Archive for the Category: Words and phrases

It’s a gas!

In Hiberno-English people might describe something fun and enjoyable as a gas. For example, “That’s gas”, “A gas laugh”, “Come on, it’ll be gas”, “He’s a gas character”, “Your man is gas” [source]. Last week an Irish friend told me that this expression comes from laughing gas (nitrous oxide), which was used at parties to […]

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Magrangs

Does anyone know if there is a word for words that have the same length and constituent letters, but are not anagrams, such as bee and ebb, and aloof and offal. I received an email from Peter Hewkin today who suggests the word magrang (a magrang of anagram) for such words. Do you have other […]

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Savouring sapient and savvy saphiophiles

An interesting new word I came across recently is sapiophile [seɪpɪofaɪl/sapiofaɪl]. When I first saw it I wasn’t sure what it meant, but as soon as I looked it up it made sense. It means “someone who is (sexually) attracted to intelligence / intelligent people” [source]. It comes from the Latin sapiō and the Ancient […]

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Suburban bans

In French the word banlieue [bɑ̃.ljø] can refer to: 1. Circonscription territoriale qui s’étendait à une lieue hors de la ville et dans laquelle un juge pouvait exercer sa juridiction. (Territorial division that stretched a mile out of town and in which a judge could exercise jurisdiction). 2. Territoire et ensemble des localités qui environnent […]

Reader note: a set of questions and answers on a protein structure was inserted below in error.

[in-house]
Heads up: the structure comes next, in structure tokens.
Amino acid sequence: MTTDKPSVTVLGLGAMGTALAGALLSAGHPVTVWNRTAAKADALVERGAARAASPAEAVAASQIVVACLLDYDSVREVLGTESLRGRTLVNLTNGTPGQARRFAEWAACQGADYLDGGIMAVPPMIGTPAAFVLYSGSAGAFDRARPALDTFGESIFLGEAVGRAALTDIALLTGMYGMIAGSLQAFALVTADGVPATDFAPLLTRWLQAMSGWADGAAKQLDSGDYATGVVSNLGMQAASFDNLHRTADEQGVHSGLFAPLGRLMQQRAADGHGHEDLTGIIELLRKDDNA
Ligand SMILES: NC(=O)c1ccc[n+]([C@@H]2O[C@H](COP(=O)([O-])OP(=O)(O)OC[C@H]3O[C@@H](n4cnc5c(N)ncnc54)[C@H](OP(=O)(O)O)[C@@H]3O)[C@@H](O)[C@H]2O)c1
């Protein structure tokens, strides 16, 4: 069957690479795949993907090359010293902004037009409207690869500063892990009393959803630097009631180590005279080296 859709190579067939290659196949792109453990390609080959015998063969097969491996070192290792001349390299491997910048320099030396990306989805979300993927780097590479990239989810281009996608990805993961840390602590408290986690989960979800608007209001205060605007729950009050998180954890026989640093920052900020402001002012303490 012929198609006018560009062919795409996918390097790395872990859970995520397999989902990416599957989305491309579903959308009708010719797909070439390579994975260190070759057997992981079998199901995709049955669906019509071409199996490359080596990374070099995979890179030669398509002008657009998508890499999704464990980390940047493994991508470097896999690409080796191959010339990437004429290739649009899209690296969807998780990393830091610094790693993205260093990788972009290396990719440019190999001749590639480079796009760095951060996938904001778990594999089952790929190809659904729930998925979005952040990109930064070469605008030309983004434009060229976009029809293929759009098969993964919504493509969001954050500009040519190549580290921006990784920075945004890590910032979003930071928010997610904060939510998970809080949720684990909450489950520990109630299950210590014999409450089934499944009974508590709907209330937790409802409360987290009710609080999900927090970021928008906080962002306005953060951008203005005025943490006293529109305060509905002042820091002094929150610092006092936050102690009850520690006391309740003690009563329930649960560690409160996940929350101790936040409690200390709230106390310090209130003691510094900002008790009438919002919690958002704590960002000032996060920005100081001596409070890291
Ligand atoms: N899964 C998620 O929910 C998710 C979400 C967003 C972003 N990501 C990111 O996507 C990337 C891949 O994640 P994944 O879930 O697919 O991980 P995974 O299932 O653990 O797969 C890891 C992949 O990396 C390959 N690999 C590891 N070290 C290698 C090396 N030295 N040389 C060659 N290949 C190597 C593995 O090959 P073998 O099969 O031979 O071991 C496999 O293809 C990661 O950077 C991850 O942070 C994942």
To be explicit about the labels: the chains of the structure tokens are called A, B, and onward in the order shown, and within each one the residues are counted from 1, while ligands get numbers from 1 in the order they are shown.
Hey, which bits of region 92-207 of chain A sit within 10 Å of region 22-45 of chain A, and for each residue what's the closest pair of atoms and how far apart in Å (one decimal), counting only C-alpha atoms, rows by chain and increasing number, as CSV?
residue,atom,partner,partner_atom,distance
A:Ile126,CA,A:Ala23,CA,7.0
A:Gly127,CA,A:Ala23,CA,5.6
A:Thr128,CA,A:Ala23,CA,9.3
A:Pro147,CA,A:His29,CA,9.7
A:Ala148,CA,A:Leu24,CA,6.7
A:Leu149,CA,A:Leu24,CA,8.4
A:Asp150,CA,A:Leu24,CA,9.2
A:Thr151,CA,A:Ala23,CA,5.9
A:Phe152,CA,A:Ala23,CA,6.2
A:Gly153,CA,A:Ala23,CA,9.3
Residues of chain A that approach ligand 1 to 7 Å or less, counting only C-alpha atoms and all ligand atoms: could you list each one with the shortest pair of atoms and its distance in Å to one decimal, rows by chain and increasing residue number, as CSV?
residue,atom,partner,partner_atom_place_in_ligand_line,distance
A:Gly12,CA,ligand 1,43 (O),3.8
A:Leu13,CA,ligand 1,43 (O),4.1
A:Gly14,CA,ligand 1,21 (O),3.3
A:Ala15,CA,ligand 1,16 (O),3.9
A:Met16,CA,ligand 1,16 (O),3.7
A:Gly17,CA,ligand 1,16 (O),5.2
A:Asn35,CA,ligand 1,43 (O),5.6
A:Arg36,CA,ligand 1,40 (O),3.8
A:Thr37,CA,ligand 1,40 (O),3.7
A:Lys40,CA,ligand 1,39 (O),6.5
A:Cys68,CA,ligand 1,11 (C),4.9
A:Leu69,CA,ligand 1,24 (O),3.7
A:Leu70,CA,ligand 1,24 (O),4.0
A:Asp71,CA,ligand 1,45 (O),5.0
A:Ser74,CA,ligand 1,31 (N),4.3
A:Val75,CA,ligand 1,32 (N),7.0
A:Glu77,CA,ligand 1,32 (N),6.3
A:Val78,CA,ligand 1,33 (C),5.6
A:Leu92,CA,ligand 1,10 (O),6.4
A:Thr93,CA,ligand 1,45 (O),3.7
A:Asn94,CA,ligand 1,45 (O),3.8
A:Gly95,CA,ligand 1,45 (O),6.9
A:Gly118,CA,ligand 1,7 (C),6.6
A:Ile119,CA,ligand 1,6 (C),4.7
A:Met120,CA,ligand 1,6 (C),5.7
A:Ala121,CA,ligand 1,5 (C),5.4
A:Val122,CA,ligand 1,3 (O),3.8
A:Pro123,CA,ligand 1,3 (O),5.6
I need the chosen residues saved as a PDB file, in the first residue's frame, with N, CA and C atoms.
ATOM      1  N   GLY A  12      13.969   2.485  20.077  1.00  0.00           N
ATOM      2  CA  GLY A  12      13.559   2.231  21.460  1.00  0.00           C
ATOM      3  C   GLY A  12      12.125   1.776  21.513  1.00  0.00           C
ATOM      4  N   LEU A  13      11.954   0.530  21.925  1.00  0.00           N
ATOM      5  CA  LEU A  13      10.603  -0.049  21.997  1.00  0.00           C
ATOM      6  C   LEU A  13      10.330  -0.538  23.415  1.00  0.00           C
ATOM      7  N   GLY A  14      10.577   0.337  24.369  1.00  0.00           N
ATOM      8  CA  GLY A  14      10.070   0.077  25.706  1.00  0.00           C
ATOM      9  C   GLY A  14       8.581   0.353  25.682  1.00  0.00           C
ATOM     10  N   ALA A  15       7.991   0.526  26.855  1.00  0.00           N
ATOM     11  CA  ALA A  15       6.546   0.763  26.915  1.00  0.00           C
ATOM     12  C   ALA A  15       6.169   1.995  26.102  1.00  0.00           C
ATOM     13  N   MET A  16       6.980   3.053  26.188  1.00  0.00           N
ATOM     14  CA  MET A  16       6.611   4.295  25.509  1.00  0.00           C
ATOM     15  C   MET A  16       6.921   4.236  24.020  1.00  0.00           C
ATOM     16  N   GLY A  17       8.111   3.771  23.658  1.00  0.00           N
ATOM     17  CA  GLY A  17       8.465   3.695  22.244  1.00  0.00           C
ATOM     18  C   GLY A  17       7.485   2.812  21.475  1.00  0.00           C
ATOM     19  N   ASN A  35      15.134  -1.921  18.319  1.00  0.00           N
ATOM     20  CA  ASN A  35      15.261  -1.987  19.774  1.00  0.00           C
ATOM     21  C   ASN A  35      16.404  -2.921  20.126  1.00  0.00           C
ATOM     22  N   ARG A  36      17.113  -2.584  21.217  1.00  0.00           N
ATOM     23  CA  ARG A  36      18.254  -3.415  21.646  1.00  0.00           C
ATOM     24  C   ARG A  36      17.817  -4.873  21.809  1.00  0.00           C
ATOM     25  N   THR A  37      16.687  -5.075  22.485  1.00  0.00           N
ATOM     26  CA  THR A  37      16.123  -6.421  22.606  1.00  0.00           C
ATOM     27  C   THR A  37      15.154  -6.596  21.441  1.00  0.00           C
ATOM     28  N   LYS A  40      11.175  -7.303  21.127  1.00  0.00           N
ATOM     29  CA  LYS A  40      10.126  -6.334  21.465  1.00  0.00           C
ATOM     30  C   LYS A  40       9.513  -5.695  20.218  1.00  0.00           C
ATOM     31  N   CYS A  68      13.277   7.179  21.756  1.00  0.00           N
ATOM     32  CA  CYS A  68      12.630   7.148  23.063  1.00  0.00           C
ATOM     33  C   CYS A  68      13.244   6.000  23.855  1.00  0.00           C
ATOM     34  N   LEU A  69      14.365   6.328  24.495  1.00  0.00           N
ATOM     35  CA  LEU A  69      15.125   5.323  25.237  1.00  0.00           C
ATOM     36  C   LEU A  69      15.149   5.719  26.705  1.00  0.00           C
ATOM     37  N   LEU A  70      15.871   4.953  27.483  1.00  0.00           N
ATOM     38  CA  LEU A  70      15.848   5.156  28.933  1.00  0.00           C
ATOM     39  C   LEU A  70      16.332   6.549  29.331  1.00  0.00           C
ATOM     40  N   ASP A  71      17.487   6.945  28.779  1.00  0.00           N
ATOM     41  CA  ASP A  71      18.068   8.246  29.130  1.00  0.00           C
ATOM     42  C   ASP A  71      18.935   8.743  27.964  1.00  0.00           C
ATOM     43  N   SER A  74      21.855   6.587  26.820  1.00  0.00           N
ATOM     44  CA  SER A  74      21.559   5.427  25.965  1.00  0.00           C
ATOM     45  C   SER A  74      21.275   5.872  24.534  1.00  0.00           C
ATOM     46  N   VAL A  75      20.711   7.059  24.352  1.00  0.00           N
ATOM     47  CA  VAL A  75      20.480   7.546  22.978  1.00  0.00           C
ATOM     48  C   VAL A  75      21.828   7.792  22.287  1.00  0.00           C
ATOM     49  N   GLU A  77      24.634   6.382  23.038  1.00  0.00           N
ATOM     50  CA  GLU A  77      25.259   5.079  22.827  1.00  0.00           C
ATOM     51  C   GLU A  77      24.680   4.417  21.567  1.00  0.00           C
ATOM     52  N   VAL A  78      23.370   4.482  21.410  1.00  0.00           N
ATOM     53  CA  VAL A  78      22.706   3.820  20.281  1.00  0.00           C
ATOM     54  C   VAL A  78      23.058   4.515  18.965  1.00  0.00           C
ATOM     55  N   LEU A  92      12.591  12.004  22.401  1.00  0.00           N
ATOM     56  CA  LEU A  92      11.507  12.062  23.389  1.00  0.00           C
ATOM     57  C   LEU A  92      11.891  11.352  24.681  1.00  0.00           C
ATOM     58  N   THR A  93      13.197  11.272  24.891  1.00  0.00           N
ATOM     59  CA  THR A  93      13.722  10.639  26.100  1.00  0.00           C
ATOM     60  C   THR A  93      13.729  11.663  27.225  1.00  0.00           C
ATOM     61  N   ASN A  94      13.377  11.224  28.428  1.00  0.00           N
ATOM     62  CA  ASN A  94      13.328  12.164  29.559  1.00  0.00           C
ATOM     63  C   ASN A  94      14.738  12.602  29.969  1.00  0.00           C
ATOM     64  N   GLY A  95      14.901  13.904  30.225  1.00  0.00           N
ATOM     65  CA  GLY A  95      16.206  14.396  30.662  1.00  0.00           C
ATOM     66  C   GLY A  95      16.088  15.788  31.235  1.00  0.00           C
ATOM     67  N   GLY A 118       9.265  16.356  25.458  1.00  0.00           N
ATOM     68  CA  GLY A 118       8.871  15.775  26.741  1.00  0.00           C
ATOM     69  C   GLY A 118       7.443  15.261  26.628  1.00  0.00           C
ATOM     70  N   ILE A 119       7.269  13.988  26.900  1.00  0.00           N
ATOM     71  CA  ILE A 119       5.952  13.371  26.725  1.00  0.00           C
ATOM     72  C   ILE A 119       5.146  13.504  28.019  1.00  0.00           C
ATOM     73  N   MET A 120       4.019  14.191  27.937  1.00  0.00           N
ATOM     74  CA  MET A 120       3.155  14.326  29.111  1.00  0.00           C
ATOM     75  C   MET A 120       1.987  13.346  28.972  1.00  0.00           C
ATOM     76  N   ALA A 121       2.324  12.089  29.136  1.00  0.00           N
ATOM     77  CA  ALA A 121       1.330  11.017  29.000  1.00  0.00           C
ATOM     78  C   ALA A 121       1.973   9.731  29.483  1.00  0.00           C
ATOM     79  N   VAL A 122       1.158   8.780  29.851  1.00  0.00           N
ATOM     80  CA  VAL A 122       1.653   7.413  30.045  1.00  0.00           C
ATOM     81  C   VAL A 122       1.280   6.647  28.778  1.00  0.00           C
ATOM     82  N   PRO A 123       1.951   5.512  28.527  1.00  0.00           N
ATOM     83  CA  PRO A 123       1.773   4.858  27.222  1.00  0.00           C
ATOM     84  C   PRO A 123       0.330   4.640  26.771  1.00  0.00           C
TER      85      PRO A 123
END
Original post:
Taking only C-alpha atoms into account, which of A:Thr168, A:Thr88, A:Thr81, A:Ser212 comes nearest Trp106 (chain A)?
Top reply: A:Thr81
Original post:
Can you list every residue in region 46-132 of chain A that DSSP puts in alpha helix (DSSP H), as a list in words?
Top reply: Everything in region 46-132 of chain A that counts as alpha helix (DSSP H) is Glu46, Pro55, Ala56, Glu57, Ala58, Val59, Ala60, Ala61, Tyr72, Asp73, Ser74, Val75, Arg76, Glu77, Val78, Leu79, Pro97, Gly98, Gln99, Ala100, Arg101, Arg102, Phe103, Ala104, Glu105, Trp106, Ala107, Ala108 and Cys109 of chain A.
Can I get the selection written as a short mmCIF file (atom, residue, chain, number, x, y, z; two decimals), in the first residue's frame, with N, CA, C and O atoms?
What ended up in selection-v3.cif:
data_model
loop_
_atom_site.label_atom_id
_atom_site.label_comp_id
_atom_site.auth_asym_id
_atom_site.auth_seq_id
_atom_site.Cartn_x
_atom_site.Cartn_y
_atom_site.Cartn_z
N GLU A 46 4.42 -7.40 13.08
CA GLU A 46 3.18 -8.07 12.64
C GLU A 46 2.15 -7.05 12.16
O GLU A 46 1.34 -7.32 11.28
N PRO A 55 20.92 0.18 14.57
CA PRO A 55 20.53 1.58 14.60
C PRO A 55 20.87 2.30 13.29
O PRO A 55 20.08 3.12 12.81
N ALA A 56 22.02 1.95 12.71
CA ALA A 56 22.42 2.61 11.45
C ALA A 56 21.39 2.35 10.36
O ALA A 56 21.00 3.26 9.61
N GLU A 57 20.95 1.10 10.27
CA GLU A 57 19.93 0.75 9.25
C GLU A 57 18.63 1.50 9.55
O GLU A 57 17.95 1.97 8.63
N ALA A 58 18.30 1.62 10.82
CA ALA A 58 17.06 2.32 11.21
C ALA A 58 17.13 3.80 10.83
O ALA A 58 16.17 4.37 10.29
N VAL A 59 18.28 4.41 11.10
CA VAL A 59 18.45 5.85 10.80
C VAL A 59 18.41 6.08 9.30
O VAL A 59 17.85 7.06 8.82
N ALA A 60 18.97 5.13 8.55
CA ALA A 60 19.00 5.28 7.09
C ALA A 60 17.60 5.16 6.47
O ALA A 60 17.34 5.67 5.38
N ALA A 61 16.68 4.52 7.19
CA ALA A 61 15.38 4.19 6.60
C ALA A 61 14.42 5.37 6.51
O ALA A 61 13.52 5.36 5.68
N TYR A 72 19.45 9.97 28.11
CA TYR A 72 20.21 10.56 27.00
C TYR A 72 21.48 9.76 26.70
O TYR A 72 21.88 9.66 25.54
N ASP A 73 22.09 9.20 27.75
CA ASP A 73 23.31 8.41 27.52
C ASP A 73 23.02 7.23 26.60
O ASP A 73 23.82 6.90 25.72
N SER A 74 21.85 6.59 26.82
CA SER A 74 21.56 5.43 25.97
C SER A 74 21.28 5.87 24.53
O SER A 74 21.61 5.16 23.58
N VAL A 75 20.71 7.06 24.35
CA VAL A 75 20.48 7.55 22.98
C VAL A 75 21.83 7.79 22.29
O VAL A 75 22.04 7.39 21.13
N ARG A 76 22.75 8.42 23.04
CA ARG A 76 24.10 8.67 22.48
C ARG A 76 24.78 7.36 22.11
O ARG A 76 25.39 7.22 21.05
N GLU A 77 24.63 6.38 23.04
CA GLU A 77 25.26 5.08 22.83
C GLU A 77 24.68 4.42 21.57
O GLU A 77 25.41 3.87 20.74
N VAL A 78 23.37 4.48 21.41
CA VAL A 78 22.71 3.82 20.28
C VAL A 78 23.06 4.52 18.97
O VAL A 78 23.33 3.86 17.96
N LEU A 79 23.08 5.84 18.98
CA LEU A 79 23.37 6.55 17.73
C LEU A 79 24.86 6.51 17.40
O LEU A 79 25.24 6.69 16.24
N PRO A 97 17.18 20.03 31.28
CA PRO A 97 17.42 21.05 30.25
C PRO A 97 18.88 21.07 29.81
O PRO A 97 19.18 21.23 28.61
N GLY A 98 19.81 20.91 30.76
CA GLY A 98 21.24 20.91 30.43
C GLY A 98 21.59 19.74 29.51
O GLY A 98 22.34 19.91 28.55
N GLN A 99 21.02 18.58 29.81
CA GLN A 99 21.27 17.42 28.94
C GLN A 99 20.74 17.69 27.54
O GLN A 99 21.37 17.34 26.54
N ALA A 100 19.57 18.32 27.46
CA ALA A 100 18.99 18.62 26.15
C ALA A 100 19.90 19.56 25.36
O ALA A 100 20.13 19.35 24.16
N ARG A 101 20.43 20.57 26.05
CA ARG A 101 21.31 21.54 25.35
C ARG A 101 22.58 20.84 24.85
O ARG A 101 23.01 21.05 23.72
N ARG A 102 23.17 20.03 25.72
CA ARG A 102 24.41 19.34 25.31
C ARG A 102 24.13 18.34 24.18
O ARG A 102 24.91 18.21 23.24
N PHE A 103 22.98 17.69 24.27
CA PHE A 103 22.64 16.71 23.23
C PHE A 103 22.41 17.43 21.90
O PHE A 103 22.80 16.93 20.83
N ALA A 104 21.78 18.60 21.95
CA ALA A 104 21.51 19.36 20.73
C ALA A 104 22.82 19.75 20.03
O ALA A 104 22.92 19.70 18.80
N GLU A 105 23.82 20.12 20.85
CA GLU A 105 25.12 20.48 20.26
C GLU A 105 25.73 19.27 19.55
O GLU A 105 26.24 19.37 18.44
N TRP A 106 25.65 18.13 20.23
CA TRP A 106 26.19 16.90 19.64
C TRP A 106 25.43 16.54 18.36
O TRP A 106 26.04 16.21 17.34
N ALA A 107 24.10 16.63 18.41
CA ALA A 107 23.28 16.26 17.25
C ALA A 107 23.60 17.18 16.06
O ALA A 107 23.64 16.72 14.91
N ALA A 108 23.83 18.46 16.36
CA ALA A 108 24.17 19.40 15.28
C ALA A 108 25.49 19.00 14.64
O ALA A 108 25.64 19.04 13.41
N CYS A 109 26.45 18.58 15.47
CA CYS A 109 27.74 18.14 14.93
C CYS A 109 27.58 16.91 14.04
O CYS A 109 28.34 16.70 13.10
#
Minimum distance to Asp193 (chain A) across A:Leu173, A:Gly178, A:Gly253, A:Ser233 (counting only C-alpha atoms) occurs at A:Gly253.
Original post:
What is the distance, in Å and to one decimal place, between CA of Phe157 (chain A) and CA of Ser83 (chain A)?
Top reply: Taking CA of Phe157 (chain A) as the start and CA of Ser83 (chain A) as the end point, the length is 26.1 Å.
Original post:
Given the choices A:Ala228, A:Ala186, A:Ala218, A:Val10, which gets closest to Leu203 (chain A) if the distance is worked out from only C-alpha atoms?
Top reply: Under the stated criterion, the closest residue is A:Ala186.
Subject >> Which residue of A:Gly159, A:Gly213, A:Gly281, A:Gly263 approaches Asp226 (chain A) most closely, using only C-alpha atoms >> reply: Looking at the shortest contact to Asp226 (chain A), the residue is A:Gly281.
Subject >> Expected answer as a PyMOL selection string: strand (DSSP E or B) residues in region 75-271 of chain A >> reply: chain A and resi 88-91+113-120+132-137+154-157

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The elusive illusive

Sometimes you think you know a word, but when you check it, you discover that you’ve mixed it up with a similar-sounding word. That’s what happened to me this week with the words elusive and illusive. Without looking them up, do you know what they mean? When you’re searching for something but have trouble finding […]

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Rowing your boat

The French equivalent of to go for a row (in a boat), is faire un tour en barque or faire de la barque, and to row (a boat) is ramer, which also means to stake, although if you’re rowing as a sport then it’s faire de l’aviron. A barque is a small boat or rowing […]

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Peripatetic false friends

The English word peripatetic means “tending to walk about; constantly travelling; itinerant; nomadic”. It is also related to Aristotle, his philosophy, and the school of thought he founded. A peripatetic teacher is one who teaches in a number of different schools, and it’s common, at least in the UK, for music teachers and sometimes language […]

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In the Land of the Eagles

Yesterday I climbed Snowdon with other members of the Bangor Ukulele Society. We set off from Pen-y-Pass (The head/top of the pass) and took the Miner’s Track to the top, then went down the Llanberis Path. On the way up and the way down we stopped a number of times to sing a few songs, […]

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Soggy days

This morning the weather app on my phone told me that it would be a soggy day today. It wasn’t wrong – it rained all morning and much of the afternoon. When I saw the word soggy I started wondering whether days could be described as soggy in other languages. It seems you can talk […]

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A Monkey’s Wedding

On an episode of The World in Words podcast that I listened to today I learnt the expression “a monkey’s wedding“, which is apparently what you call a day when rain falls while the sun is shining, at least if you live in South Africa or Zimbabwe. As this is quite a common phenomenon in […]

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